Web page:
Be Still My Heart
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Churchill River accident
Dennis McAllister

It took them only three days to paddle the remaining 150 miles to Port Churchill, the trip's endpoint, arriving on Aug. 20, 1968. McAllister stayed to assist the Royal Canadian Mounted Police recovery mission, which eventually located Levesque's body 40 miles downstream from the falls. Exhausted and famished, Jones left Churchill to take a train back home. "I remember needing to get home," says Jones about his decision to leave. "I got on the train and didn't stop eating for three straight days."

Jones admits now that his "needing to get home" is speculation. He doesn't really know how he felt after the accident or why he left in such haste. In retrospect, he realizes he was probably in a state of shock. He stopped making daily notes on the day of the accident, Aug. 14. Lately, trying to remember, he has started writing down what he recalls of the final days on the river. The entries are marked Day 57, Day 58, and so on. He thinks it's fairly accurate, but concedes that "there's a lot I probably don't remember."

After the accident, Jones found he couldn't continue on at school, so with two-and-a-half years' of college courses in forest technology and wildlife management from UNH, he joined the Coast Guard, ultimately serving a 10-month tour in Vietnam. Released from service four years later, he returned to college, getting a bachelor's degree in biology at Keene State and finishing his UNH associate's degree in forest technology in 1979. Hired by the Society for the Protection of New Hampshire Forests, he worked for 30 years as their director of land management. (In February 2009, Jones, along with seven colleagues, was laid off.)

In 2007, Jones was diagnosed with prostate cancer, and to prepare himself physically and mentally for surgery, he finished climbing all 48 of New England's 4,000-foot peaks, an endeavor he'd started with Levesque back in college. The surgery, followed by three months of grueling therapy, uncovered long-buried memories, and Jones found himself screaming and then crying like he'd never cried before, the physical pain from the surgery and mental anguish from so long ago somehow streaming together like long-held waters pouring through a breached dam. From then on he has thought of very little else but finding out more about the part of his life he never dared to fully explore.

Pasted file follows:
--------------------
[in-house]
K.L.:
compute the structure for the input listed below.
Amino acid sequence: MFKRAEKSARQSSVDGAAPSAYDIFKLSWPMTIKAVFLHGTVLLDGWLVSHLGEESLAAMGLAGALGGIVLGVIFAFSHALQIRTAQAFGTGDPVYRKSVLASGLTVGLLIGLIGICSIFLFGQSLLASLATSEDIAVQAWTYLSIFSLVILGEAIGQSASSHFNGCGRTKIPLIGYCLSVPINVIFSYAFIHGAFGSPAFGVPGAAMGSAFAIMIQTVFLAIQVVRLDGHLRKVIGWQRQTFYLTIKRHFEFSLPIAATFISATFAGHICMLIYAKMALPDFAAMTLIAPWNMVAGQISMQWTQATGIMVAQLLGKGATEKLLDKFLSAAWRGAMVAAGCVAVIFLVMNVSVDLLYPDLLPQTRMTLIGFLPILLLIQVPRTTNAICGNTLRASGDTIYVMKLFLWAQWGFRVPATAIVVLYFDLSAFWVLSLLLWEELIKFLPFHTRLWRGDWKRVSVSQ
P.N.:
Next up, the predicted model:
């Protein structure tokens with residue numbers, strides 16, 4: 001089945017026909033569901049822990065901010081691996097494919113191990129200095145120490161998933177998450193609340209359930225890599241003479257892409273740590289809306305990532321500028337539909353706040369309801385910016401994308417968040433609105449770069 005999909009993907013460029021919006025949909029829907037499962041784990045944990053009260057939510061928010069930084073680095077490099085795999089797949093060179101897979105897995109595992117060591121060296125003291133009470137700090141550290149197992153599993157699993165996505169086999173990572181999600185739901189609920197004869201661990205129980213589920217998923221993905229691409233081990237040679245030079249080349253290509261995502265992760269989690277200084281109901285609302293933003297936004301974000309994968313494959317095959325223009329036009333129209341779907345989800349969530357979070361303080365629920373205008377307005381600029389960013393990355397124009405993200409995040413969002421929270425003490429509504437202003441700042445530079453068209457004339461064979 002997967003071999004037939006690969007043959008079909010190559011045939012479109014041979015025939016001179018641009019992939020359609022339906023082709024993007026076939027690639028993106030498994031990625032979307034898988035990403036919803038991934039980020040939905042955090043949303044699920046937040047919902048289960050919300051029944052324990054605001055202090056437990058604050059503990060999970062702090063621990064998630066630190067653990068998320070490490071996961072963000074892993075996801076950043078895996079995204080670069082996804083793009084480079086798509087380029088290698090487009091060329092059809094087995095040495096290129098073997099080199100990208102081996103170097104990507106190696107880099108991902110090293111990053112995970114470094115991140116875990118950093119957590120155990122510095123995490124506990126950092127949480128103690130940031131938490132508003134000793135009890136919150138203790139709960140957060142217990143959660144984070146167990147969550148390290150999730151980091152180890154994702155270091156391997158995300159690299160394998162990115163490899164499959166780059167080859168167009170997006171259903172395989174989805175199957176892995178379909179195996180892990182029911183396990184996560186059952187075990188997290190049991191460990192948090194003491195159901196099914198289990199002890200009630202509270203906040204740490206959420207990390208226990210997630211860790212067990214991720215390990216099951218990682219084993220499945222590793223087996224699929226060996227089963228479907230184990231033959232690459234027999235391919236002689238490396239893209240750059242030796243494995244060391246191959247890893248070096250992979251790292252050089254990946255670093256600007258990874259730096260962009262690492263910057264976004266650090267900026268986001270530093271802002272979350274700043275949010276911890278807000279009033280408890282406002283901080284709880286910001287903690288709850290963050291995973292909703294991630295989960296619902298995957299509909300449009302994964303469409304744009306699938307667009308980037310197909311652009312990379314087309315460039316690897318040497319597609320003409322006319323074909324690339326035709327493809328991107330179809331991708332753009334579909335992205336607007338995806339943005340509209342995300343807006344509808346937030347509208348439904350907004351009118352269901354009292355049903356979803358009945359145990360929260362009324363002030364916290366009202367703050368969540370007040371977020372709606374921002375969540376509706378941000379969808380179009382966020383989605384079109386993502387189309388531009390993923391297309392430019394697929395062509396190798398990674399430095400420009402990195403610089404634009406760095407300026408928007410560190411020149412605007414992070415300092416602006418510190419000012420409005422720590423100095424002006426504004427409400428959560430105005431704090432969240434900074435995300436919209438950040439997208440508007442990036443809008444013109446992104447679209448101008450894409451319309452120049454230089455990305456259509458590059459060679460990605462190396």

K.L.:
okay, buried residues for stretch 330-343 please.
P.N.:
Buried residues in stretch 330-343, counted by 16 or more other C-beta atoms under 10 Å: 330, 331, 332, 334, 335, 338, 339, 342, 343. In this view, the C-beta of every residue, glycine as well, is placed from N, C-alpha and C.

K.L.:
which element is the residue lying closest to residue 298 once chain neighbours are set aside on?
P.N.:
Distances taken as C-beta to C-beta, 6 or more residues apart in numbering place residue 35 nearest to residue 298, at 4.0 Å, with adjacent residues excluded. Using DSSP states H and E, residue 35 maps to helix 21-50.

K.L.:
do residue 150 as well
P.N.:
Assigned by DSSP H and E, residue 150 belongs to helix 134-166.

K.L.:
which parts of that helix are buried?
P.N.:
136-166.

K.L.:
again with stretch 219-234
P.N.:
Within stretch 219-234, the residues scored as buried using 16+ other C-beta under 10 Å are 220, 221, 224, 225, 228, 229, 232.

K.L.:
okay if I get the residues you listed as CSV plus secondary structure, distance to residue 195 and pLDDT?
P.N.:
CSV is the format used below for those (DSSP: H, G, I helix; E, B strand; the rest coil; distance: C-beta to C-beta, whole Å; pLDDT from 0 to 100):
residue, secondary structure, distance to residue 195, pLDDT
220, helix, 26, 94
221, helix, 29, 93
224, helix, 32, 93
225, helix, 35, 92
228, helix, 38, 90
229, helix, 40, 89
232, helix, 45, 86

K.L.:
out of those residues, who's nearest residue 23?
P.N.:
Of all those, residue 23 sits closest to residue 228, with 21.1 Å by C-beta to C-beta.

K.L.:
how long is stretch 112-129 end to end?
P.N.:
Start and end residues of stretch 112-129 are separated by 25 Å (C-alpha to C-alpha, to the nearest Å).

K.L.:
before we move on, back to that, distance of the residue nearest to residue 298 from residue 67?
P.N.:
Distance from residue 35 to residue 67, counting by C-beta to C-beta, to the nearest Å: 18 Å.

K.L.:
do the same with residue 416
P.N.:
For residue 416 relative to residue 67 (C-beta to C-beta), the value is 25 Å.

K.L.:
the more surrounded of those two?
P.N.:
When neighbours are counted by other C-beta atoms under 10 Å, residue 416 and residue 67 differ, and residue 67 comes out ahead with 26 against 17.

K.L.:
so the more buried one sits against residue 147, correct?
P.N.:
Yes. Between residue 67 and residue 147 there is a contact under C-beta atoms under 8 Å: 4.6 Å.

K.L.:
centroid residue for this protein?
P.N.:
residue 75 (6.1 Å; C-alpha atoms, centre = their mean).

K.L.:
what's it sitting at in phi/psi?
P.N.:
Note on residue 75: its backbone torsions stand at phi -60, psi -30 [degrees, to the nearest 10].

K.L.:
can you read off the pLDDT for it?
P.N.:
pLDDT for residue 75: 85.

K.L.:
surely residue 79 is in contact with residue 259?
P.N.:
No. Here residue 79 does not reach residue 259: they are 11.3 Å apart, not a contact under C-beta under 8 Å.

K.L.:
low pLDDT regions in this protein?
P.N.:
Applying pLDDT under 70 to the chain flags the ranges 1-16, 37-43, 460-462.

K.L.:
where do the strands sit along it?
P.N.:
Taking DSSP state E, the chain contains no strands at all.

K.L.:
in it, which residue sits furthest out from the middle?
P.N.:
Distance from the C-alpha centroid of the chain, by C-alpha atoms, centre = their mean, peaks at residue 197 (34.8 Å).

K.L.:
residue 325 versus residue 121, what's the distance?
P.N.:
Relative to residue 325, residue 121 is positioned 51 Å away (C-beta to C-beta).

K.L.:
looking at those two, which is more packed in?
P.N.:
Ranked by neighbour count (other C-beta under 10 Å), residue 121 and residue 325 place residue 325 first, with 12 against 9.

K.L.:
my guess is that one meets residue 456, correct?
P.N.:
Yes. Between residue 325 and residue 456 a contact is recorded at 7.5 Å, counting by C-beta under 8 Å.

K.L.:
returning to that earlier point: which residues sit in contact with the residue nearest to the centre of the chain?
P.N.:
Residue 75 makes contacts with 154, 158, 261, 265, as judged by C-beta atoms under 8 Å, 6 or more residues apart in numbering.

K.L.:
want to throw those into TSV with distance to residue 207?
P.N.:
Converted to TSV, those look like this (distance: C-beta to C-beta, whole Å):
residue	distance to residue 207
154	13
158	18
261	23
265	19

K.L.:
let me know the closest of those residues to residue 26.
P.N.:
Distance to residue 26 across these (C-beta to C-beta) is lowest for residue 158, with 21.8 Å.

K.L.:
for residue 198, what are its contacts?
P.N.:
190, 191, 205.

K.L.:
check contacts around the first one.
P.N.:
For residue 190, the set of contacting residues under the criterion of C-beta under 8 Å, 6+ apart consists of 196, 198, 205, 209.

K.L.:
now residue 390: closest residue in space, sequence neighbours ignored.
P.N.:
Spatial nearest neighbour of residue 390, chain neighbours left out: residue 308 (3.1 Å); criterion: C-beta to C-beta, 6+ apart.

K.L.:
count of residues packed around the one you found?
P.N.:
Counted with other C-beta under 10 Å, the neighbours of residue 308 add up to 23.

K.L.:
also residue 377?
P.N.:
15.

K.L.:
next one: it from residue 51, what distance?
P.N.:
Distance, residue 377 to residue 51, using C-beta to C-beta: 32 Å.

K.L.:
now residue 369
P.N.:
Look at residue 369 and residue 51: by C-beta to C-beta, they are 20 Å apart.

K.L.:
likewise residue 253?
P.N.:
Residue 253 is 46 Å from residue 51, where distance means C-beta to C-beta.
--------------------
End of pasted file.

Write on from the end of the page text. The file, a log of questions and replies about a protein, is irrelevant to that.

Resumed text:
Churchill River accident

Jones has thought about returning to the river, but he realizes it wouldn't really explain what he needs to know. The 1968 tragedy mirrors the tragedy of the river itself. Fort McMurray, once a sleepy outpost, is now a booming oil town that has been called an "environmental nightmare," with gaping wounds where the petroleum-rich tar sands have been scooped from the ground. Further along, the river has been rerouted to supply water to population centers like Montreal and the northeastern United States.

They were among the last to see the wild Churchill, with its golden eagles, ancient rock paintings and old trappers' shacks. Part of the reason for Jones' persistence might be the realization that he was witness to two deaths: a friend's and a river's. The final 300 miles—from South Indian Lake to Port Churchill—is vastly different now that more than 85 percent of its water volume has been diverted. The wild, rapids-choked portion that the team descended in the final portion of their journey is now a water-starved shadow of its former self. "The bottom line," says Jones, is that "no one can experience what we did...those days are gone."

Churchill River accident
TODAY: Geoff Jones '70 by Packers Falls in Durham.

Tantalizing and tangible reminders of the expedition have surfaced recently. Jones heard from a sympathetic Royal Canadian Mounted Police official, who explained that the file on the accident no longer exists and was most likely destroyed long ago. As a result, answers to the tragedy remain frustratingly beyond Jones' reach. Still, there is some closure in telling the story of their expedition, once and for all, to a writer. What they experienced in the summer of '68—"the nature of the dream" and the undertaking that was achieved—is a story that needs to be told, Jones says, not only to serve as an account of their trip but also to honor Glen Levesque's memory.

It has been a while since Jones has had the dream where his friend appears on a remote river bank. Perhaps, as he's reread his journal and studied the old maps, as he's described what happened and revisited the river in his mind, he has been able to come to terms at last with the realization that Glen Levesque is gone—vanished along with the wild and turbulent river itself. And perhaps, through the persistent act of remembering, of honoring his friend's memory, he has finally found a small but crucial measure of peace. ~

Todd Balf '83, a former senior editor for Outside magazine, is the author of several books, including Major: A Black Athlete, a White Era, and the Fight to Be the World's Fastest Human Being, and The Last River: The Tragic Race for Shangri-la.

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